The perfect place to enjoy a picnic, walk your dog, exercise, or simply sit and enjoy the views and wildlife. Hungerford Common, or Common Port Down to give one of its many other names, is 220 acres (89 hectares) of ancient common land, permanent pasture, mature trees, canal and strip lynchets, to the east of Hungerford.

View across Hungerford Common showing lone dog walker, and in the distance, a passing train - Town and Manor - photo by Tony Bartlett
Wide open space to think, walk, watch the natural wildlife – photo by Tony Bartlett

Common Rights have been preserved here for more than six centuries, protecting the land from development since at least Edward III (1312-1377).

Today Hungerford Common is used by both Commoners and Farmers, who buy rights from the Town & Manor to graze cattle, and by all for recreation, relaxation and local events, such as the Hungerford Harey 8 running race and the visiting fair. Look out for our Guided Trailer Rides and Walks, in Don’t Miss.

Cricket on the Common Port Down, Hungerford Town and Manor, photo by Tony Bartlett
Cricket on the Common – photo by Tony Bartlett

Leasing part of the Common

Part of the Common is set aside for the Cricket and Football Clubs, children’s play area and the War Memorial Ground. This was made possible by the Commoners agreeing, in 1951, not to exercise their rights for 99 years (the duration of the lease).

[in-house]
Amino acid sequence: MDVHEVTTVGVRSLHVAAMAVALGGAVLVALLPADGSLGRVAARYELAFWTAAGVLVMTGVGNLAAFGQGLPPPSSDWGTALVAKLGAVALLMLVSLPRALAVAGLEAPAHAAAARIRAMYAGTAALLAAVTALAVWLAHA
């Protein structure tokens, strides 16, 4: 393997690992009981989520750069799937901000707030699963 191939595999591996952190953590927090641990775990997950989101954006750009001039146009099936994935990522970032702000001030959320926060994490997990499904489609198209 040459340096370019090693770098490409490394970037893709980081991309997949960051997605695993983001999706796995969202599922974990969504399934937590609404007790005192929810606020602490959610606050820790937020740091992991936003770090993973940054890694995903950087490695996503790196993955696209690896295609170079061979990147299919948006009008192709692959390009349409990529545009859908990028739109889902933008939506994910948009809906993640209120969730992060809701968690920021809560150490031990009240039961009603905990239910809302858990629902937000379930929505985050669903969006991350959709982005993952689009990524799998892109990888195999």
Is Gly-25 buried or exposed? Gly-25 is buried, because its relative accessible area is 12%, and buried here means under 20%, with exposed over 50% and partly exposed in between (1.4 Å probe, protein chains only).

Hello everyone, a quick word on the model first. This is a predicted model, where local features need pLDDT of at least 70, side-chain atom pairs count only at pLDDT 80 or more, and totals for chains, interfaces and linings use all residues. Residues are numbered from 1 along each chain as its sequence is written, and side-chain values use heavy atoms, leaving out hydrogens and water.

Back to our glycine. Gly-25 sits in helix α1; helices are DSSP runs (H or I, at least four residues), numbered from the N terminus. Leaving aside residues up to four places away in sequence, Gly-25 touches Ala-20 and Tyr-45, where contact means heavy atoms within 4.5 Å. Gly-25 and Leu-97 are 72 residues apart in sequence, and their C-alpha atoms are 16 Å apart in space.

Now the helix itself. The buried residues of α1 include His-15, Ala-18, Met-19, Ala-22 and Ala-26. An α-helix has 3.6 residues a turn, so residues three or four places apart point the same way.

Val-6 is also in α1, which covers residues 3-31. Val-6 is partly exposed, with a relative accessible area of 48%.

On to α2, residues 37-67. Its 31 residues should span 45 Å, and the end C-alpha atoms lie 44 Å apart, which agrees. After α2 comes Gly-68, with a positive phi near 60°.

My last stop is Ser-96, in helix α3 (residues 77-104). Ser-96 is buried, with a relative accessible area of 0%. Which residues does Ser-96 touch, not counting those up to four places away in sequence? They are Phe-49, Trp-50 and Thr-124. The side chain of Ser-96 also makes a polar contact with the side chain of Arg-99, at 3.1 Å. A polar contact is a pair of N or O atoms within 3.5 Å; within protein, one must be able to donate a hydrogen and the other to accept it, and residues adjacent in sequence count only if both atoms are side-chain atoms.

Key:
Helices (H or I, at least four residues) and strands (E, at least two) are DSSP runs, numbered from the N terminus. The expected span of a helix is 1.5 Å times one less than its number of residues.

The ancient roots of the Common’s name

The ‘Port Down’ part of the Common Port Down’s name comes from the Saxon and French word ‘porte’ for a door or gate, and the Saxon ‘dun’ for a hill. There are still gates at all entrances to the Common, from Kintbury, Hungerford Park Street, and the roads out towards Denford and Inkpen.

Cows on the Common during the grazing season - photo by Tony Bartlett - Town and Manor of Hungerford
Cows on the Common during the grazing season – photo by Tony Bartlett

Grazing cattle on Hungerford Common

Both Commoners and Farmers, who buy rights to graze their cattle from the Town & Manor, produce a summer grazing herd of about 175 store cattle. These are raised either for beef production, or as dairy herd replacements.

Grazing cattle also has the benefit of helping to maintain the permanent pasture and keep the trees in shape.

A great location for events

Large open space annual events are limited to one major and three to four minor events each year. The income from hiring the space, and the sale of grazing rights, contributes to the cost of maintaining the Common.

Cows take it easy, over the ancient strip lynchets (horizontal stripes in the common) with the Down Gate visible in the background

Grants and subsidies

The Town & Manor is considered by government to be a farm, and each year applications are made to Natural England to support the maintenance of the area for the long-term protection of the plants, trees and shrubs, pasture, birds and animals that inhabit the area.

Protected from development by law

Through the centuries there have been many attempts to obtain the land and rights for private benefit. Today, Hungerford Common is registered under the Commons Registration Act 1965 and the Countryside, Rights of Way and Wildlife Acts 2000/04. The management is operated within the constraints of these laws, with details posted on six signs at the various entrance gates.